Drying Very Large Oak Timbers

      Big timbers should dry very slowly, and even then, the wood may be damaged. May 3, 2011

We are currently looking into drying large volumes of 6" thick x 9" wide red and white oak beams. Are there schedules for drying thick stock like this? How long from green would it take to get a moisture content of 8%?

Forum Responses
(Sawing and Drying Forum)
From contributor K:
That shouldn't take more than a decade or two. But the degrade will be ferocious.

From the original questioner:
Well, I was hoping it would take a little less time than that. Currently we are only drying a few thick items such as 8/4 hard maple, hickory, cherry, and ash. Should it be air dried down to a certain percentage before kiln drying to get the best results? Is it possible to get the core dry down to 8%? I wonder if it's necessary to dry the core to 8%?

From contributor S:
It's most likely to crack no matter how you dry it. The slower, the better.

From contributor K:
Is it necessary? That depends on what you wish to use them for. The core will be riddled with honeycomb, regardless.

From contributor R:
The best thing to do is get a log and saw it into 2'' lumber and mark them to be in order the way you cut it, then kiln dry and after that plane them and glue them together the way it was. If you do a good job, you won't even tell it's been glued.

From contributor A:
RF vacuum kiln would be the best and in the long run, the cheapest, if you really need to dry them. Other vacuum kilns would work, but loading and unloading the timbers would be a lot of work.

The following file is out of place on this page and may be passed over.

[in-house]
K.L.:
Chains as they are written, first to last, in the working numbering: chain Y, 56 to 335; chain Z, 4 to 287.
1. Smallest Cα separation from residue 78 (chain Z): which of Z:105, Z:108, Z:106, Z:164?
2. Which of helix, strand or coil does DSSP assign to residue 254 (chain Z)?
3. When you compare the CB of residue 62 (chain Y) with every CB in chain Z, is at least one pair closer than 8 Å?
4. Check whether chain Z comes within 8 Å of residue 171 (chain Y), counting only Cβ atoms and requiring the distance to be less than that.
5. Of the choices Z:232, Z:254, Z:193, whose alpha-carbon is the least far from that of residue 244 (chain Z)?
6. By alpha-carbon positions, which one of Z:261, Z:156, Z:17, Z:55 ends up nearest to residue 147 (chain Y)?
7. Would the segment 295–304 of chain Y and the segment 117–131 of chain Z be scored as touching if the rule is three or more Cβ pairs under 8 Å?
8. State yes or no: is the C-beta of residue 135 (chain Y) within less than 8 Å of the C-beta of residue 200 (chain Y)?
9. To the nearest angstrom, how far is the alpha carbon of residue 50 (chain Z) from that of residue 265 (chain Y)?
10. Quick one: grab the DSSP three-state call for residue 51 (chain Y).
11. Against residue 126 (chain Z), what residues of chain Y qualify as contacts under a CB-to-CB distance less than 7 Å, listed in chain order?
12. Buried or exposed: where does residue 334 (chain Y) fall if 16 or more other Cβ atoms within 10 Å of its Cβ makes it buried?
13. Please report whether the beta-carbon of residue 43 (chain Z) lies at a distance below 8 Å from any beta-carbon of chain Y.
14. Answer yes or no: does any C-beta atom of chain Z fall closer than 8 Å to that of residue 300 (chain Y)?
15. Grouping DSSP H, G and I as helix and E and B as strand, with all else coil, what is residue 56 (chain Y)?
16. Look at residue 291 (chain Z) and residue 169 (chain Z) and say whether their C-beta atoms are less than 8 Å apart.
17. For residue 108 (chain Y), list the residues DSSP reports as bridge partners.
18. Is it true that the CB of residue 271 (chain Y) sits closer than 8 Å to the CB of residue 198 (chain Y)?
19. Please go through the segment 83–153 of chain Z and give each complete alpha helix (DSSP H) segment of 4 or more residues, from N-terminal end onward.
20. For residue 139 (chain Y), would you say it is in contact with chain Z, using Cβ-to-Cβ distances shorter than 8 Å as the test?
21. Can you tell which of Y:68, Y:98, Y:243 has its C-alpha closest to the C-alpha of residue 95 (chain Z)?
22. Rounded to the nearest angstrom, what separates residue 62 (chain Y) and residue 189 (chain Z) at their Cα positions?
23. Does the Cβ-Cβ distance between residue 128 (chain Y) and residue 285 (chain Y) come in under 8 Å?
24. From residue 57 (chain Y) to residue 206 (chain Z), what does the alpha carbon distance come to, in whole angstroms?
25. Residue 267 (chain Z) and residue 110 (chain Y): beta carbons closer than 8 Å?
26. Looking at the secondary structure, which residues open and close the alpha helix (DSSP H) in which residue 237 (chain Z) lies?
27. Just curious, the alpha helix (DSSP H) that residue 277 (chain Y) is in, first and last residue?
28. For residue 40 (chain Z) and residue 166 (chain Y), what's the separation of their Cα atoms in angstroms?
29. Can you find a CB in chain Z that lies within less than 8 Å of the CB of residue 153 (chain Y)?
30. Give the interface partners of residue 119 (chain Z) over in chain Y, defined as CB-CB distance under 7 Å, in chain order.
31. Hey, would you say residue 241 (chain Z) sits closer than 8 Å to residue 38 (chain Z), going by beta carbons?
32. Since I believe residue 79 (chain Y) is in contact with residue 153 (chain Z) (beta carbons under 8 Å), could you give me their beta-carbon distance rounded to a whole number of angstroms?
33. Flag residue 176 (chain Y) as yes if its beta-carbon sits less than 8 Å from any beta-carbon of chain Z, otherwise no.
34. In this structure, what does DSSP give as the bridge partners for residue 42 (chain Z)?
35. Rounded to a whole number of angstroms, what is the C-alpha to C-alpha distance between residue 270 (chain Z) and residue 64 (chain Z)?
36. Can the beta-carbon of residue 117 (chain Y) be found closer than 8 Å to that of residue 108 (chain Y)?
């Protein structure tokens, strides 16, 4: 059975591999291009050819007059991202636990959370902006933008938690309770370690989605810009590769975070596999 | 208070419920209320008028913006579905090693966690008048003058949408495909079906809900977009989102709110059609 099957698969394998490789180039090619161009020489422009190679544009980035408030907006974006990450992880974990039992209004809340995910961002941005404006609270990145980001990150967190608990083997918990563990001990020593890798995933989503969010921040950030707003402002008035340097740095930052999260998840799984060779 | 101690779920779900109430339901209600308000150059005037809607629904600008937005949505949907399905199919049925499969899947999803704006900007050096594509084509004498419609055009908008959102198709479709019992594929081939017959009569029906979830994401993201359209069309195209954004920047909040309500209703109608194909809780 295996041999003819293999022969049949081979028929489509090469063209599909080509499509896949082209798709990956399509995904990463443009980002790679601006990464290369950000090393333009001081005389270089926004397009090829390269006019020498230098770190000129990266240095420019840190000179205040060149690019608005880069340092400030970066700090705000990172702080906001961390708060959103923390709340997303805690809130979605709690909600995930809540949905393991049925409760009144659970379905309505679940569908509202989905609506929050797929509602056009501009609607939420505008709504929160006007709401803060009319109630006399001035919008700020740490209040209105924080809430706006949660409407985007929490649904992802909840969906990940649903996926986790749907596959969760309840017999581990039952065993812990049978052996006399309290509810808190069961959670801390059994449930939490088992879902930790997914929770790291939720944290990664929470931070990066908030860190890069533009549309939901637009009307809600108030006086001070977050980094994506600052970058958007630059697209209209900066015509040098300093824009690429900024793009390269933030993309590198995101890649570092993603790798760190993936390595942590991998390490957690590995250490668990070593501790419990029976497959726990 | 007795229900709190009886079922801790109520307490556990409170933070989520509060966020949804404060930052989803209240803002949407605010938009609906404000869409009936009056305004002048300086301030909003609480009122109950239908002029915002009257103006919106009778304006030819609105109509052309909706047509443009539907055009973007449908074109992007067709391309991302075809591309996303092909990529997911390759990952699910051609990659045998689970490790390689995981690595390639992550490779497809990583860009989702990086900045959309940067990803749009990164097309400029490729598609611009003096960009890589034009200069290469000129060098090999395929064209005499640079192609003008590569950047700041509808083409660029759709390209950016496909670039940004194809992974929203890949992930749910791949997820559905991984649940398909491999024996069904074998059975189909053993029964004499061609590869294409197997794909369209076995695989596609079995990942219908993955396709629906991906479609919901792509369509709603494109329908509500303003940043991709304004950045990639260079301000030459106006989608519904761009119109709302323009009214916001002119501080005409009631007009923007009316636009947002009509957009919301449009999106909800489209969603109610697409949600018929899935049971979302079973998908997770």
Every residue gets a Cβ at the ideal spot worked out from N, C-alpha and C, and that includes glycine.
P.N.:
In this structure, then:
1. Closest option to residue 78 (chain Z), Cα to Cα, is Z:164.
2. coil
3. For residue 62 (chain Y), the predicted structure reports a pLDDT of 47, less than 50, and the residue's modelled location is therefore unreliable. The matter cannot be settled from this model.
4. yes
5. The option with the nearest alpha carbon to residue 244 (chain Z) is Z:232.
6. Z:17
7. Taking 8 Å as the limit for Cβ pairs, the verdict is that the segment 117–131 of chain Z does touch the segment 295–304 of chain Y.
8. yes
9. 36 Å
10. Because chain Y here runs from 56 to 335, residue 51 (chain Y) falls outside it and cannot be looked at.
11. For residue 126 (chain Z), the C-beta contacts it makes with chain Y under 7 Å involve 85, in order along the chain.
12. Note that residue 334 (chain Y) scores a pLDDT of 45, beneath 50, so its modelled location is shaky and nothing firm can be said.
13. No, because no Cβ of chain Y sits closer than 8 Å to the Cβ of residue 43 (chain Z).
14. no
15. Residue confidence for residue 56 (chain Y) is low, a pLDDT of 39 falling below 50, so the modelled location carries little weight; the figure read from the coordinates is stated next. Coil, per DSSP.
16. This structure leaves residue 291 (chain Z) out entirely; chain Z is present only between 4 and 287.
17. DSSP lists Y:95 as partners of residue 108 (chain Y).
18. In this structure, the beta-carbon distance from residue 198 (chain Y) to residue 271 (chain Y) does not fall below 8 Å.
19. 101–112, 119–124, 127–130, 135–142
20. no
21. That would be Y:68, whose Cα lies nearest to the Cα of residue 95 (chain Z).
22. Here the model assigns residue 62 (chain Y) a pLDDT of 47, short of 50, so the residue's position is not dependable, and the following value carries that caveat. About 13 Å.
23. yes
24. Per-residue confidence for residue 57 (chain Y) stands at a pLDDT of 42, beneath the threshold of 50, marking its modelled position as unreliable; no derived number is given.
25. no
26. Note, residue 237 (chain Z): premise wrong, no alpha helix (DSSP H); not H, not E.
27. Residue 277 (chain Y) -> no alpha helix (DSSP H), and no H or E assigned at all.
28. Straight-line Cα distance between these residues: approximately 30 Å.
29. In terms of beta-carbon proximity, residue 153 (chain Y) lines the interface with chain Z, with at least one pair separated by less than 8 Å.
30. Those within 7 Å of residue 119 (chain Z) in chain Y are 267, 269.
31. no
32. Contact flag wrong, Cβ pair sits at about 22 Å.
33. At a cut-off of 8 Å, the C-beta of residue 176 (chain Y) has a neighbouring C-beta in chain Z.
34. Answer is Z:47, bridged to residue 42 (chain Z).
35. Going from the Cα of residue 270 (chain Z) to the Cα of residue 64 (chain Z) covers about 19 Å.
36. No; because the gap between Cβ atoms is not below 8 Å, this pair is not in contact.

The railroad tie place stacks them so they can air dry for a spell, and then sticks them in a steam kiln and cooks them before they treat them. Not sure how dry they really are before treating them, but they are just railroad ties, and so long as they do not bust apart, are used.

I dried some 3 inch oak in my Nyle and it took twice as long as 8/4, and I had to go really slow bringing up the temp. It would dry so much, then stop, and several times I had to add water to the kiln to condition it so it would dry down farther. It was all qsawn and came out with no problems, and is now the front door for a big home down on the White River.

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  • KnowledgeBase: Knowledge Base

  • KnowledgeBase: Primary Processing

  • KnowledgeBase: Primary Processing: Air Drying Lumber

  • KnowledgeBase: Primary Processing: Kiln Operation

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